Example for Checkpoint
6.4 - For scripts and applets, ensure that event handlers are input device-independent.

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Priority 2

To ensure people get the equivalent message on systems that don't support scripts and event-handlers, include some equivalent content in the <NOSCRIPT> element. As well ensure that the event-handlers you use are logical rather than device-dependent (See Checkpoint 9.3 for more about using event-handlers accessibly.)

The following example displays a BUTTON. The button is associated with a JavaScript SCRIPT. When the script is triggered by an EVENT, an ALERT window pops up on the screen of a graphical browser. The alert window contains a message for the user. In this case, the event is either the TAB key moving the focus to the button, or the user passing the mouse cursor over the button. The 'OnFocus' EVENT-HANDLER looks for the first type of event, while the 'OnMouseOver' event-handler looks for the second.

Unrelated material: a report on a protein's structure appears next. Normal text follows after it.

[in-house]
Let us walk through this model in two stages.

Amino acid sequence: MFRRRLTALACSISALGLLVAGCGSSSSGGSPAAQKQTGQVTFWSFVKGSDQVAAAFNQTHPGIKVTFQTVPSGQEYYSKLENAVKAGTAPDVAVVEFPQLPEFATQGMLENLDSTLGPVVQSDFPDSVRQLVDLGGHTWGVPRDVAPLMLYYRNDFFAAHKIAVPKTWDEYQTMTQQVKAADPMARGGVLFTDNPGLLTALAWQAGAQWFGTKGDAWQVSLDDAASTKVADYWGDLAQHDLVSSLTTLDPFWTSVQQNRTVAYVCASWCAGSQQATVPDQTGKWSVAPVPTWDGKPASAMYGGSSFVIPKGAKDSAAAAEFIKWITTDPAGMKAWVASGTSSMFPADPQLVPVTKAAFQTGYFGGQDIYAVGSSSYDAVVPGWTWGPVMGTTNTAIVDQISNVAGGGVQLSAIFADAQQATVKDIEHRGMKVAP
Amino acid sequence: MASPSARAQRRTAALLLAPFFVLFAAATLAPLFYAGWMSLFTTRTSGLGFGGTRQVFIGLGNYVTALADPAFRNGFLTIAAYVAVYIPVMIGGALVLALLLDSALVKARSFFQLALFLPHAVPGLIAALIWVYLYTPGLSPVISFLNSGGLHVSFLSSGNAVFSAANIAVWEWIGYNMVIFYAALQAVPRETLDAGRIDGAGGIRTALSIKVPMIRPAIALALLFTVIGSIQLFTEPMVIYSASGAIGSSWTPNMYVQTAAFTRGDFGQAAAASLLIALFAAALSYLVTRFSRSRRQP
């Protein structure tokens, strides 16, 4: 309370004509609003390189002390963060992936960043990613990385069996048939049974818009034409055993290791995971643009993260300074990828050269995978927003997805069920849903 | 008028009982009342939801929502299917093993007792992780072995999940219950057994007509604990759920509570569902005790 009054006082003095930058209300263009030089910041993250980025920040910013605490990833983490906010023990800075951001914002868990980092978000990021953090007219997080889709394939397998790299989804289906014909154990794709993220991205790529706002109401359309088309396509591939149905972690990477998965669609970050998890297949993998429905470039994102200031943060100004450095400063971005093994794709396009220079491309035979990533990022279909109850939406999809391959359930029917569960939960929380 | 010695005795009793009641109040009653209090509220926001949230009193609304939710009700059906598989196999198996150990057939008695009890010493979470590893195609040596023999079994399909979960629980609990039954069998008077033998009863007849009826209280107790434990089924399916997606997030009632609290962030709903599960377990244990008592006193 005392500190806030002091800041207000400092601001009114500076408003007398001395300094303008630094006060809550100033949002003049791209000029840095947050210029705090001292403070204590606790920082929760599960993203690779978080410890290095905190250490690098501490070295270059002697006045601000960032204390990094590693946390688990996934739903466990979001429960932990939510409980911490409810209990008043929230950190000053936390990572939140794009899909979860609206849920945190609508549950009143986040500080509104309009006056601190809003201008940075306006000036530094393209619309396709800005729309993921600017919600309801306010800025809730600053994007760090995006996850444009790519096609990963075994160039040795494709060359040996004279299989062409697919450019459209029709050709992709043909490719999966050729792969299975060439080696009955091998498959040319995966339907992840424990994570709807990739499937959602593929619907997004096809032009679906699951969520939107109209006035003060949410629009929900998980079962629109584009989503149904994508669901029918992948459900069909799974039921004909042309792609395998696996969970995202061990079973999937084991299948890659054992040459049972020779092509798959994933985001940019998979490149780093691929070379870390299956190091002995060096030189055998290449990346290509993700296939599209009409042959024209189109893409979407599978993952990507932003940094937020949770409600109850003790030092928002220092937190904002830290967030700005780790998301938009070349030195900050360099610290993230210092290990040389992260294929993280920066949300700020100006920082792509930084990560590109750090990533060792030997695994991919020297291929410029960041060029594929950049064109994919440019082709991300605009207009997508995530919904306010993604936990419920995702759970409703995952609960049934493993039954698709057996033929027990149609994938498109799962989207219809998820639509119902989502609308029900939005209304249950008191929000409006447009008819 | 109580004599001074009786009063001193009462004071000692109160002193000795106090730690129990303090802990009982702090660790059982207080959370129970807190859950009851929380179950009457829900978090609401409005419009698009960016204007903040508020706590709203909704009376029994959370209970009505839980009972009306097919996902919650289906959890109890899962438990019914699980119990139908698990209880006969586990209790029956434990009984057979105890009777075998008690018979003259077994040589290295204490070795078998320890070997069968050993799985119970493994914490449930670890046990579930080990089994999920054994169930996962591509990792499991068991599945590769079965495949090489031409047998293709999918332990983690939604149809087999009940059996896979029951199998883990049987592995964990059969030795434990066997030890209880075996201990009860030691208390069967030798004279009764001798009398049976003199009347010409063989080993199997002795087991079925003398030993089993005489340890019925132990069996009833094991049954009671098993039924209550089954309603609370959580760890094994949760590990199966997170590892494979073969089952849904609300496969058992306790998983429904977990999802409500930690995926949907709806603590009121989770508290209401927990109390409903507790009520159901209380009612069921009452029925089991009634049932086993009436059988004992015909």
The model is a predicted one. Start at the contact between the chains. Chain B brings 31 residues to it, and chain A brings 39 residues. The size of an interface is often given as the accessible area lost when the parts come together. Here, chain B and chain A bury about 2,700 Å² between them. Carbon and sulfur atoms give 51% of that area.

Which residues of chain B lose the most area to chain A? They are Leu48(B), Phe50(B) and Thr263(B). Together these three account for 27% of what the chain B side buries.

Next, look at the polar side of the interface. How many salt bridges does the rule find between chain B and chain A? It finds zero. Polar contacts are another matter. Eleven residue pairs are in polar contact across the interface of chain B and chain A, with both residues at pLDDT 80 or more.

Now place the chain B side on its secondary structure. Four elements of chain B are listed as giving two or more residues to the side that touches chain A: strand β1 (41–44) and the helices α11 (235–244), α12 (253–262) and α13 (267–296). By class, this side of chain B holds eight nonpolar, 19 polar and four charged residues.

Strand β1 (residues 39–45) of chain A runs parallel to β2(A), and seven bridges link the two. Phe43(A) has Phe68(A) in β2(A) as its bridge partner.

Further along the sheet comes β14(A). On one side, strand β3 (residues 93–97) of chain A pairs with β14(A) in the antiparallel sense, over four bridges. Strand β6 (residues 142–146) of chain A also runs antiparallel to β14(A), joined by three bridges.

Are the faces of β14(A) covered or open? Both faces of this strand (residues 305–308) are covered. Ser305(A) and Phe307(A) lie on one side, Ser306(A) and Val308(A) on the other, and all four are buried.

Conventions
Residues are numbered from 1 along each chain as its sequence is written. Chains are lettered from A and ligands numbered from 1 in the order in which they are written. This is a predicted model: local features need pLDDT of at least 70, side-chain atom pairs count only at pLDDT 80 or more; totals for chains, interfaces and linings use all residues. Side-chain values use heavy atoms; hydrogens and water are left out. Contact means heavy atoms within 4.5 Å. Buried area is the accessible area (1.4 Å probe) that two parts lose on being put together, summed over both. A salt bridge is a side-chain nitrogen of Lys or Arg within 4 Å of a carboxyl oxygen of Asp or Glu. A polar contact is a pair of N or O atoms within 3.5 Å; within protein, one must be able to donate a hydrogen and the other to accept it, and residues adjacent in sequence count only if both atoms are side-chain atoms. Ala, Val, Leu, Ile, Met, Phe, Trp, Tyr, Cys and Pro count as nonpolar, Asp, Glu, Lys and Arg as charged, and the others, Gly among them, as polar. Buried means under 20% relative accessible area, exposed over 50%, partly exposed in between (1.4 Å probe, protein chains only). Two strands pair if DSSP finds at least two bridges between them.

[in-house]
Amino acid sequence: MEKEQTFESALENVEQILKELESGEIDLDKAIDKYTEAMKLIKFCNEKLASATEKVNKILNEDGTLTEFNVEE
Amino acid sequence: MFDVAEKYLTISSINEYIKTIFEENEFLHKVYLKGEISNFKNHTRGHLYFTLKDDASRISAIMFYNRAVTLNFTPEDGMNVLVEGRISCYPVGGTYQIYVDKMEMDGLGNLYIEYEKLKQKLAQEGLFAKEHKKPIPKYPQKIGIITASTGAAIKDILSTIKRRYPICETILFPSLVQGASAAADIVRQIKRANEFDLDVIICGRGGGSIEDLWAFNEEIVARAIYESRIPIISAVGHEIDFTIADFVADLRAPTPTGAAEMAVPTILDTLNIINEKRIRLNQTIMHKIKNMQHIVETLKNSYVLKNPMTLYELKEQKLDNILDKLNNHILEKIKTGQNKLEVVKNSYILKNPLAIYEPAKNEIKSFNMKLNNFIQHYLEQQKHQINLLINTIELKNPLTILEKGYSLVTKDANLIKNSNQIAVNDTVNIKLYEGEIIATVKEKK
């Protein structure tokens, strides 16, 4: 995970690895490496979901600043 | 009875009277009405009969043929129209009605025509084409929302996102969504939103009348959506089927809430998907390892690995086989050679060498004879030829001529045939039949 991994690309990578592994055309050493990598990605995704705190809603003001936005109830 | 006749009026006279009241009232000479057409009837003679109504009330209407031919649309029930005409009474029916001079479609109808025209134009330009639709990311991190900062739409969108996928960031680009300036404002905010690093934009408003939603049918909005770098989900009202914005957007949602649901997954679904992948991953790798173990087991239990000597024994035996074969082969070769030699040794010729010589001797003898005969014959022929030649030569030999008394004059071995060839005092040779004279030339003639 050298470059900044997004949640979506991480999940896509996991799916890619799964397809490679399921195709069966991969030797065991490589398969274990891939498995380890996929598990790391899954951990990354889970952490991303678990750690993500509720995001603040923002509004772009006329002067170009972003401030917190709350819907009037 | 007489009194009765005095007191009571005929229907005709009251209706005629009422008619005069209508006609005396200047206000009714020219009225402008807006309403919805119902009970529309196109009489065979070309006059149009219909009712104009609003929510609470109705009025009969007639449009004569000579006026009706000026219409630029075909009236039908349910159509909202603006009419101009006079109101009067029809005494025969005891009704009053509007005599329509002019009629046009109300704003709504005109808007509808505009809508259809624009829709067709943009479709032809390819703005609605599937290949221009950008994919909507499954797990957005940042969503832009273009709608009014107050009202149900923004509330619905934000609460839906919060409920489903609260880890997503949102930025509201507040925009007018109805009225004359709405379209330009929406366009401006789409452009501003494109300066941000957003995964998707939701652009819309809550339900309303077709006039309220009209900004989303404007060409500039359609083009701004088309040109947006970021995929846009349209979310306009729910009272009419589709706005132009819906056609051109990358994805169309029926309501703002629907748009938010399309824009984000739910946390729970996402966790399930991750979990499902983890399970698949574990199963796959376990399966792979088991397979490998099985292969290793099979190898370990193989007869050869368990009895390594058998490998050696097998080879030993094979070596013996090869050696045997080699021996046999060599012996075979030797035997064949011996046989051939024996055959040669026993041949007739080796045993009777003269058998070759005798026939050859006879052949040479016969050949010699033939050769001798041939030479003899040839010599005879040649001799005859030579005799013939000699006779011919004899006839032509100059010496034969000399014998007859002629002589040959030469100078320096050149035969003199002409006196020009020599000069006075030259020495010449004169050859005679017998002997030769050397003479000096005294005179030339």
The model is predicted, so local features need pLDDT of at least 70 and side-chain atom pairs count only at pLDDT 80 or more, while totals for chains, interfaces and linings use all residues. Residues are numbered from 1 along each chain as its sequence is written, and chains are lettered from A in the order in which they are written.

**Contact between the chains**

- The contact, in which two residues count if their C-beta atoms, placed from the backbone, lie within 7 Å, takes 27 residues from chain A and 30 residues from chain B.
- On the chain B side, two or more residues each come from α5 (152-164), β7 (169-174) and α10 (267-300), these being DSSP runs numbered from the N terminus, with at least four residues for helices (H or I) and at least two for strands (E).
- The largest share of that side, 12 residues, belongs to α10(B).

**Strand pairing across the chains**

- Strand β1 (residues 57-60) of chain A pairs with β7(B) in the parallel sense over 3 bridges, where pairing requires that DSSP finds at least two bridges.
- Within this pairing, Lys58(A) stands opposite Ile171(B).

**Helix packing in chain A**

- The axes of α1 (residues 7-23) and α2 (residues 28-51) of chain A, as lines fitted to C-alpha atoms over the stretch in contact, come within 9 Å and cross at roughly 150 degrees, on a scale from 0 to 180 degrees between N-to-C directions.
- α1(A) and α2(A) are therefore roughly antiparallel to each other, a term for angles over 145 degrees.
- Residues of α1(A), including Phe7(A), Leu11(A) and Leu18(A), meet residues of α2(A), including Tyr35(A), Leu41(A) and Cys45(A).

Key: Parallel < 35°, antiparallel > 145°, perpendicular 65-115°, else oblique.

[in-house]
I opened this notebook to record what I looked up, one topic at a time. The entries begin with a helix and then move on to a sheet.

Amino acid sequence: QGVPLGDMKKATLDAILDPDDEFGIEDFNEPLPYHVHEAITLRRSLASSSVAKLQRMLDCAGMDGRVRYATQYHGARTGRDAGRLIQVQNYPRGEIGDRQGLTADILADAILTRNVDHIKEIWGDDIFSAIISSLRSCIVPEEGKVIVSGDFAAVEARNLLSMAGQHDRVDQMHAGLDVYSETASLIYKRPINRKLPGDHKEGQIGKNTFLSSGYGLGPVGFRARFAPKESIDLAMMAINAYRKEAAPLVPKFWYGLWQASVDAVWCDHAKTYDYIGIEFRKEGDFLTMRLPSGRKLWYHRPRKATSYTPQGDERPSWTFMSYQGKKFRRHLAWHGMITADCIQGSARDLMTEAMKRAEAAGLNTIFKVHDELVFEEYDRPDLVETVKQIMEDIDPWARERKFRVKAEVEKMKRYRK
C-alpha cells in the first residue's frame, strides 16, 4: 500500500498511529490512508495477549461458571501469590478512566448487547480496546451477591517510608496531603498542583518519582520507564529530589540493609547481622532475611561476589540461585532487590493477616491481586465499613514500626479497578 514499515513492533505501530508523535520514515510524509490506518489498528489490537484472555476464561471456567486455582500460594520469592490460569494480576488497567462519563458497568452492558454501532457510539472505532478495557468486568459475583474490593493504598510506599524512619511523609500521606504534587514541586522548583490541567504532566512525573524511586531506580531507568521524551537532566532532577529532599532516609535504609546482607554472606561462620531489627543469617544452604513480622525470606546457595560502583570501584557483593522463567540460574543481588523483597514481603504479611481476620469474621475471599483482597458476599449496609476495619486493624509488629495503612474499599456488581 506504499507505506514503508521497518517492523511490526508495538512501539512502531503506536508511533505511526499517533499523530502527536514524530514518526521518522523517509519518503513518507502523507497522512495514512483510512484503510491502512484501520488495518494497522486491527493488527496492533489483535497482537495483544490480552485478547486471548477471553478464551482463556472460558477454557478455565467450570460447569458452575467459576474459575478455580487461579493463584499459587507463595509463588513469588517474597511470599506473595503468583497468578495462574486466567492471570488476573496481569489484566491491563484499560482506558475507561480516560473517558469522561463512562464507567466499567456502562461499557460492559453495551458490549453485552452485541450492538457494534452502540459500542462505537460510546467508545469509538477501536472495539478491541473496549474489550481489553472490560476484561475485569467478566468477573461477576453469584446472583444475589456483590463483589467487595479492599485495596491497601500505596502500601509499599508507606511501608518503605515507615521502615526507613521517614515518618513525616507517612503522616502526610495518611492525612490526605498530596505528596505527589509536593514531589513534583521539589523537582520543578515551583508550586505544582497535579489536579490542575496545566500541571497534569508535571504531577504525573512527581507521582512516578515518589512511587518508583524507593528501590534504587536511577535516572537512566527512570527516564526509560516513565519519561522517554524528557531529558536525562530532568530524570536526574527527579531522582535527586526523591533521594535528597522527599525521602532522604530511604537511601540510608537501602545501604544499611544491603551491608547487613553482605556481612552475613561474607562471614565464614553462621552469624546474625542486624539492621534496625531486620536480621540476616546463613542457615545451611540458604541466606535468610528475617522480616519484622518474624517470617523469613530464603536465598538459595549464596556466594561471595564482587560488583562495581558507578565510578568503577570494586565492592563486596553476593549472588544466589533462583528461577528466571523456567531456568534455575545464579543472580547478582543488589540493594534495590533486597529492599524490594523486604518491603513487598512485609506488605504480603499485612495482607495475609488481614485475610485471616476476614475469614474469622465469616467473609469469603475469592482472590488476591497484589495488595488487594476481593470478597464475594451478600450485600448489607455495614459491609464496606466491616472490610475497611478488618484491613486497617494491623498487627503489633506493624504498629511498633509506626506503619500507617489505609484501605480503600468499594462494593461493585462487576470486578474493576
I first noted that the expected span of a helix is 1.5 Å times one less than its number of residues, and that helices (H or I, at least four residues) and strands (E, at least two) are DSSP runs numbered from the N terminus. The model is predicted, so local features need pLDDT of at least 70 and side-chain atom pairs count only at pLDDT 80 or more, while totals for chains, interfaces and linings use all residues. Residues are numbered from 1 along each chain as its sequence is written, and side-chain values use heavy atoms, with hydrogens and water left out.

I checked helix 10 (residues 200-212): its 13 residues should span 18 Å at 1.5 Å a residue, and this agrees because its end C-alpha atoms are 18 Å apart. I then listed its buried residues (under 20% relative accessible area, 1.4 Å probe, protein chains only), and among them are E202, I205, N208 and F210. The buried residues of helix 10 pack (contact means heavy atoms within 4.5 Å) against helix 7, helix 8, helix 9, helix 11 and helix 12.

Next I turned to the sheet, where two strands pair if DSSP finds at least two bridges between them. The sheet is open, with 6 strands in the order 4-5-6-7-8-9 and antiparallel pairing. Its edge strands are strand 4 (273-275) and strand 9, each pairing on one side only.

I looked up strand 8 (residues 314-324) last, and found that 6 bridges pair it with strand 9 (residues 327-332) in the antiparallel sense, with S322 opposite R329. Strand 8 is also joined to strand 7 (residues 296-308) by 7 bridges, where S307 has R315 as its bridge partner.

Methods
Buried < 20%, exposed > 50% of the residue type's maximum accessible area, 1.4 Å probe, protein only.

The script is followed by the NOSCRIPT element that contains the same message that would have appeared in the alert window. If BUTTON and SCRIPT (or the particular script-language) are not supported, a browser should display the content of BUTTON and the NOSCRIPT elements. In that case, you should see:

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To see the markup for this example, please follow this link.

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Chuck Letourneau & Geoff Freed

W3C Web Accessibility Initiative

Copyright © 2000 W3C